Revenue generated from across Emirates’ six regions continues to be well balanced, with no region contributing more than 30 percent of overall revenues. Europe was the highest revenue contributing region with US$ 7.7 billion (Dh28.3 billion), up 6 percent from 2017-18. East Asia and Australasia follows closely with US$7.2 billion (Dh26.6 billion), up 5 percent. The Americas region recorded revenue growth at US$3.9 billion (Dh14.5 billion), up 8 percent. Africa revenue increased by 9 percent to US$2.8 billion (Dh10.2 billion), whereas Gulf and Middle East revenue decreased by 3 percent to US$2.3 billion (Dh8.3 billion). West Asia and Indian Ocean revenue increased by 6 percent to US$2.2 billion (Dh8.1 billion).

Online, Emirates became the first airline to launch 3D seat models using web-based virtual reality technology, allowing customers to preview its onboard product and select seats. It also launched a new feature on its mobile app, so customers can browse the thousands of movies, music and shows on offer, create personal playlists before they fly, and then sync from their devices to their personal seatback screens when they board.

Emirates SkyCargo continued to deliver a strong performance in a highly competitive market with dampening demand, contributing to 14% of the airline’s total transport revenue.

In an airfreight market facing unrelenting downward pressure on yields and slowing demand, Emirates’ cargo division reported a revenue of Dh13.1 billion (US$3.6 billion), an increase of 5 percent over last year, while tonnage carried slightly increased by 1% to reach 2.7 million tonnes.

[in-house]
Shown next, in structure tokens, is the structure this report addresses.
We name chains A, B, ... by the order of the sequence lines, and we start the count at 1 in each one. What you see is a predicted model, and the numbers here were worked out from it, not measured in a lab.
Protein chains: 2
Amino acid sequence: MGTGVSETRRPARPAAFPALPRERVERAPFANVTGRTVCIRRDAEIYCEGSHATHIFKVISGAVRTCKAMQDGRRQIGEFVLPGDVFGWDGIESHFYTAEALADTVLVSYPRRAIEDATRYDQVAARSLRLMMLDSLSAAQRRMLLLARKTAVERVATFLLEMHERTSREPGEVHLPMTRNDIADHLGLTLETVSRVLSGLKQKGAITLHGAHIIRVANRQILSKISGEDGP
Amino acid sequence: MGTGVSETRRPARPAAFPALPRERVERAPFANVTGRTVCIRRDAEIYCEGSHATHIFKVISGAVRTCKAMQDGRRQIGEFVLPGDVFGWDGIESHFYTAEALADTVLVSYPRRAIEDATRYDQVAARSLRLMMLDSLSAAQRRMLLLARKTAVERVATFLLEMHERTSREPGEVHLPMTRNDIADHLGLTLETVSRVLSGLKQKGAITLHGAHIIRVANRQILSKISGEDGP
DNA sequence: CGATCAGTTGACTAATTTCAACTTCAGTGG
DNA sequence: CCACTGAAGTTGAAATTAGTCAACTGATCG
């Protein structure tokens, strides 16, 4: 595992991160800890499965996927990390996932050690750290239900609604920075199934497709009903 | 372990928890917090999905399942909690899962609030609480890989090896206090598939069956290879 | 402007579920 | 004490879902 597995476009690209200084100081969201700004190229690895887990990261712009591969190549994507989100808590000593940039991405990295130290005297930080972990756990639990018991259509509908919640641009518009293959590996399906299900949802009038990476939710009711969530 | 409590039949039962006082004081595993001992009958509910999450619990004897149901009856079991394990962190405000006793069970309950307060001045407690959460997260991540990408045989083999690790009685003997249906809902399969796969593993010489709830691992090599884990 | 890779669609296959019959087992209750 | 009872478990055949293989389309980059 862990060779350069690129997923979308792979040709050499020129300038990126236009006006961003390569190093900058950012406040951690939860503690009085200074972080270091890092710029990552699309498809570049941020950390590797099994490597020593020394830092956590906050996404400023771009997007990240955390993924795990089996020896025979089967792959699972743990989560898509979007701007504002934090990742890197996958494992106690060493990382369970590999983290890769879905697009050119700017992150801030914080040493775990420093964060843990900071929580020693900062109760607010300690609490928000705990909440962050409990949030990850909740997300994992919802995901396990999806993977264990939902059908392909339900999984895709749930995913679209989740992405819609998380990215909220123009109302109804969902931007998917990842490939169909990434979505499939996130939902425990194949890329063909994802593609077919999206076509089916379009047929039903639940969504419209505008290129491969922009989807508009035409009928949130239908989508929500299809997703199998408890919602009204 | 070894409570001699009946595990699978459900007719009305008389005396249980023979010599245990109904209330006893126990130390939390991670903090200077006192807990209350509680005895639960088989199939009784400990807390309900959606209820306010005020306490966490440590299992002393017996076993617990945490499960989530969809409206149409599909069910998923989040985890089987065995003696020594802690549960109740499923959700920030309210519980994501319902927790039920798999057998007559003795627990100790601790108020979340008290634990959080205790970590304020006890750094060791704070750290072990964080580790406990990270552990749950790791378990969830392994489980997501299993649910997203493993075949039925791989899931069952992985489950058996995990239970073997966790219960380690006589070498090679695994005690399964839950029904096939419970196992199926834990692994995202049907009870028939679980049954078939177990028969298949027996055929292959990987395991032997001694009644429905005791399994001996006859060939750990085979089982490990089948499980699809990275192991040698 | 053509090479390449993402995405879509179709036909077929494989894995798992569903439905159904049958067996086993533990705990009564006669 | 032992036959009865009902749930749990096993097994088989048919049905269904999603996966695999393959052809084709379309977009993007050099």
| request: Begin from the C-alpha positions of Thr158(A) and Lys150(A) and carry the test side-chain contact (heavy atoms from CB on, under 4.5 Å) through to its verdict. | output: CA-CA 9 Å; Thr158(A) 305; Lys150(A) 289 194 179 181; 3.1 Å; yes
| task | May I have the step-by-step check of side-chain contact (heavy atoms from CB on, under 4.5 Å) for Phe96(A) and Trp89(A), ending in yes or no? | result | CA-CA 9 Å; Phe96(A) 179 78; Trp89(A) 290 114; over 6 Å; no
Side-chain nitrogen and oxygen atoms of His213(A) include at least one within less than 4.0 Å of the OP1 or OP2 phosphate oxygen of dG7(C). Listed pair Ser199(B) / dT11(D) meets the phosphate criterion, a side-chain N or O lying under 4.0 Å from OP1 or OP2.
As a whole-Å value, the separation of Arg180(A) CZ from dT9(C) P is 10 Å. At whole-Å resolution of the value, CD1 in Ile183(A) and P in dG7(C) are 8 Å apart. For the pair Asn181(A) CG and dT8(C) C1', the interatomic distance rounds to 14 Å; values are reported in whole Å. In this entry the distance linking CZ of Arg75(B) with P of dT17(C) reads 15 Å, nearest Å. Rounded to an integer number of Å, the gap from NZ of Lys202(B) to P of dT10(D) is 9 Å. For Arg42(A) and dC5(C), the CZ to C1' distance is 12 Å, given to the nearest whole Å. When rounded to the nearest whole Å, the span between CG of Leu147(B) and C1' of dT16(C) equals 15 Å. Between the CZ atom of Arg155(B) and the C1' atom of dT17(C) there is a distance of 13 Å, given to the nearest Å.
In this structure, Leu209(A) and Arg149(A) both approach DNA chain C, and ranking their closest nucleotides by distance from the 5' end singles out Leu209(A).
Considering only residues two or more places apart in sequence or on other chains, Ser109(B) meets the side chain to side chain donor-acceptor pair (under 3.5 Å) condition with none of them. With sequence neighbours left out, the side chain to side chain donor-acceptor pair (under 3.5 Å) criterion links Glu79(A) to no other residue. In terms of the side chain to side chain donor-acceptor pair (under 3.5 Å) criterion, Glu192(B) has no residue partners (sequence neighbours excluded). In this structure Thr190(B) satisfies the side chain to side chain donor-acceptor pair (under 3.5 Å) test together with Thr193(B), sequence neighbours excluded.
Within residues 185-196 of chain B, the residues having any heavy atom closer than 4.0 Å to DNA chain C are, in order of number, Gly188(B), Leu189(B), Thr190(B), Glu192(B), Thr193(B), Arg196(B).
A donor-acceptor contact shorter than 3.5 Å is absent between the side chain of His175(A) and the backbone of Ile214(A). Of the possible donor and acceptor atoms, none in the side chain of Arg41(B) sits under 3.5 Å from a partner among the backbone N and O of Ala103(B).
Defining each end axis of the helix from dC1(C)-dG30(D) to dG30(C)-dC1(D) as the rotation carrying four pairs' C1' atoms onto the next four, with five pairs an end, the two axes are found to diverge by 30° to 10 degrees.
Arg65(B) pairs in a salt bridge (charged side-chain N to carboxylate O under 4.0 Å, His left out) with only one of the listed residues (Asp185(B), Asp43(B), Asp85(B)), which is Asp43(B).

Freight yield per Freight Tonne Kilometre (FTKM) for the 2nd consecutive year increased by a further 3%, demonstrating Emirates SkyCargo’s ability to retain and win customers on value despite fuel price increases, and a weakened demand in many markets.

Emirates’ SkyCargo’s total freighter fleet stood at 12 Boeing 777Fs. In addition to belly-hold capacity to Emirates’ new passenger destinations, Emirates SkyCargo launched a new freighter service to Bogota (Columbia), and resumed freighter services to Erbil (Iraq).

Emirates SkyCargo continued to develop innovative, bespoke products tailored to key industry sectors. In April, it launched Emirates AOG, a new airfreight product designed to transport aircraft parts quickly across the globe. This was followed in August by the launch of Emirates Pets and Emirates Pets Plus, which are new and enhanced air transportation products to ensure the safety and comfort of pets with services such as veterinary checks, document clearances, door-to-door transport, and the booking of return flights for pets.

Emirates’ hotels recorded revenue of Dh669 million (US$ 182 million), a decline of 10 percent over last year with competition further on the rise in the UAE market impacting average room rates and occupancy levels.


Dnata invested close to US$314 million (Dh1.1 billion) in acquisitions, new facilities and equipment, leading-edge technologies and people development during the year.

In 2018-19, Dnata’s operating costs increased by 11 percent to US$3.6 billion (Dh13.1 billion), in line with organic growth across its business divisions, coupled with integrating the newly acquired companies mainly across its catering division and international airport operations.

Dnata’s cash balance was US$1.4 billion (Dh5.1 billion), an increase of 4 percent. The business delivered an US$386 million (Dh1.4 billion) cash flow from operating activities in 2018-19, which is in line with its enhanced cash balance and puts the business in a solid position to finance its investments.

Revenue from Dnata’s UAE Airport Operations, including ground and cargo handling increased by 2 percent to reach US$878 million (Dh3.2 billion).

The number of aircraft movements handled by Dnata in the UAE remained flat at 211,000. This reflects the impact of the region’s challenging aviation environment on many of Dnata’s airline customers. Dnata’s Cargo handling slightly declined by 1 percent to 727,000 tonnes, impacted by lower demand in the overall air cargo market.